o   The concept of reversal: We should behave toward others as we would like to have them behave toward us; This golden rule is stated in almost every ancient writing about behavioral teachings (including the Old and New Testament, Talmud, Koran, and the Analects of Confucius).
o   When we are in doubt whether an action is morally ok or not, when it is in the grey zone and we somehow feel that it might not be a good thing to do, we should always think that it is generally practiced and we are the victim of that action. How would we feel?
-          Good Will
o   We should act solely out of good will and duty, not for any other reason. Below is Kant’s famous “Shop keeper” case study:
§  A shopkeeper can give correct change to customers because he believes that a reputation for honesty will bring him greater profit in the long run, and he is honest in order to maximize his long-run profit. According to Kant, this is not moral as his motive is to maximize profit.
§  A shopkeeper loves his customers and is honest in his dealings with them because he wants to do nice things for those he loves. More surprisingly, Kant again says it is not moral because he just wants to be nice to the prople he loves, he doesn’t act out of duty.
§  A shopkeeper gives the correct change to a very naive and gunsel customer that he personally doesn’t like and he does it only out of a “duty”. In this case Kant says this is a moral action.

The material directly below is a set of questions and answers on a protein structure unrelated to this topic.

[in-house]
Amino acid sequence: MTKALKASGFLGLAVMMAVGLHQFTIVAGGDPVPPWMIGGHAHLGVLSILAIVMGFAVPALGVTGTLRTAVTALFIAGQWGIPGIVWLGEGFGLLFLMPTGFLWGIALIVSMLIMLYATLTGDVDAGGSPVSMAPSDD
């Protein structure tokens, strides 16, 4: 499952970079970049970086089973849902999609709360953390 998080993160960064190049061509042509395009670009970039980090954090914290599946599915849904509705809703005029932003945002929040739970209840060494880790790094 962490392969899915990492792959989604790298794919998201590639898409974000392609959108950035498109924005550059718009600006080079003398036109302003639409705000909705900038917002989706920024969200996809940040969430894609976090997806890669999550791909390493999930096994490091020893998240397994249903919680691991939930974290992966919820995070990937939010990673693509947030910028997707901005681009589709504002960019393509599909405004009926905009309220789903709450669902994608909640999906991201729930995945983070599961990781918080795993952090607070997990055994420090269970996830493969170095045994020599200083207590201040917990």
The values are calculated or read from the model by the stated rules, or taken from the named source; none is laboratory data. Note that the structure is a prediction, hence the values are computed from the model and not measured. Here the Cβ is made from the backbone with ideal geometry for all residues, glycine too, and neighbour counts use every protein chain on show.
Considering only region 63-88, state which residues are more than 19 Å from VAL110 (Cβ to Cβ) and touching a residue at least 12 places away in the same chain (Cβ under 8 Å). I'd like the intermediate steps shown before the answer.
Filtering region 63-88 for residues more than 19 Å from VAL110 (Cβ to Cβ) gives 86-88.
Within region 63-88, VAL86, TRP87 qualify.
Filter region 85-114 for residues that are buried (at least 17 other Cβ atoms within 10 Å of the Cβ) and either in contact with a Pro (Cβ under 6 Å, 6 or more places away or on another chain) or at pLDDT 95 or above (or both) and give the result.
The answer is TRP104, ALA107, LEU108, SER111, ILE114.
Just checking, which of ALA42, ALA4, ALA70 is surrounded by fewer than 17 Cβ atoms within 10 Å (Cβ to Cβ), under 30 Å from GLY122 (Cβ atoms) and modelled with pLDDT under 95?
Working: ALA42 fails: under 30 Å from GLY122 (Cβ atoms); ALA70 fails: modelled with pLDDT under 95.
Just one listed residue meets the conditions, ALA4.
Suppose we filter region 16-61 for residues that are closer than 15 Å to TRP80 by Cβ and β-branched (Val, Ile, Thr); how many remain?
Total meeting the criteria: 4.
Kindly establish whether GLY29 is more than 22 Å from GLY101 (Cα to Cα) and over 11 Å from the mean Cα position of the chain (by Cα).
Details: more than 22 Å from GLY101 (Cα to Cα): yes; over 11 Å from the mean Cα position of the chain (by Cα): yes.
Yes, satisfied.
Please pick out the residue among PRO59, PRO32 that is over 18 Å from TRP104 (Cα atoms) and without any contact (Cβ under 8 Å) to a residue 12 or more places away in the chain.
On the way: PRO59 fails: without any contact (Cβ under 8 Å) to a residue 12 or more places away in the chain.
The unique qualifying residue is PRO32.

-          Treat humans as an end within themselves rather than means:
o   The idea here is that everyone, as long as he or she is a rational being, is intrinsically valuable; we should therefore treat people as having a value all their own rather than merely as useful tools by means of which we can satisfy our own goals. Or in simple and today’s terms, “don’t use people, treat them with dignity”
However what strikes me the most about Kant is from one of his other books: “What is enlightenment?” and it is not about religious ethics but indeed religion itself. Religion is a concept that I have thought and discussed a lot about till today but I believe Kant’s below argument is the most striking religion argument that I had ever encountered in my whole life. I even remember the exact moment  when I first read the below paragraph as I got so excited, even shocked by the idea that I immediately called out my wife and read her the paragraph out loud to see her reaction. 
But should a society of ministers, say a Church Council, . . . have the right to commit itself by oath to a certain unalterable doctrine, in order to secure perpetual guardianship over all its members and through them over the people? I say that this is quite impossible. Such a contract, concluded to keep all further enlightenment from humanity, is simply null and void even if it should be confirmed by the sovereign power, by parliaments, and the most solemn treaties. An epoch cannot conclude a pact that will commit succeeding ages, prevent them from increasing their significant insights, purging themselves of errors, and generally progressing in enlightenment. That would be a crime against human nature whose proper destiny lies precisely in such progress. Therefore, succeeding ages are fully entitled to repudiate such decisions as unauthorized and outrageous”
And yes, I fully agree with Kant, considering it is not possible to commit to a single set of doctrines even for a single life time, what a serious crime against humanity that a generation forces all the following generations to commit themselves by oath to a certain unalterable set of doctrines. All possible future improvements of their thought system by the next generations are strictly prohibited. It sounds crazy, doesn’t it?

Treat humans as an end within themselves rather than means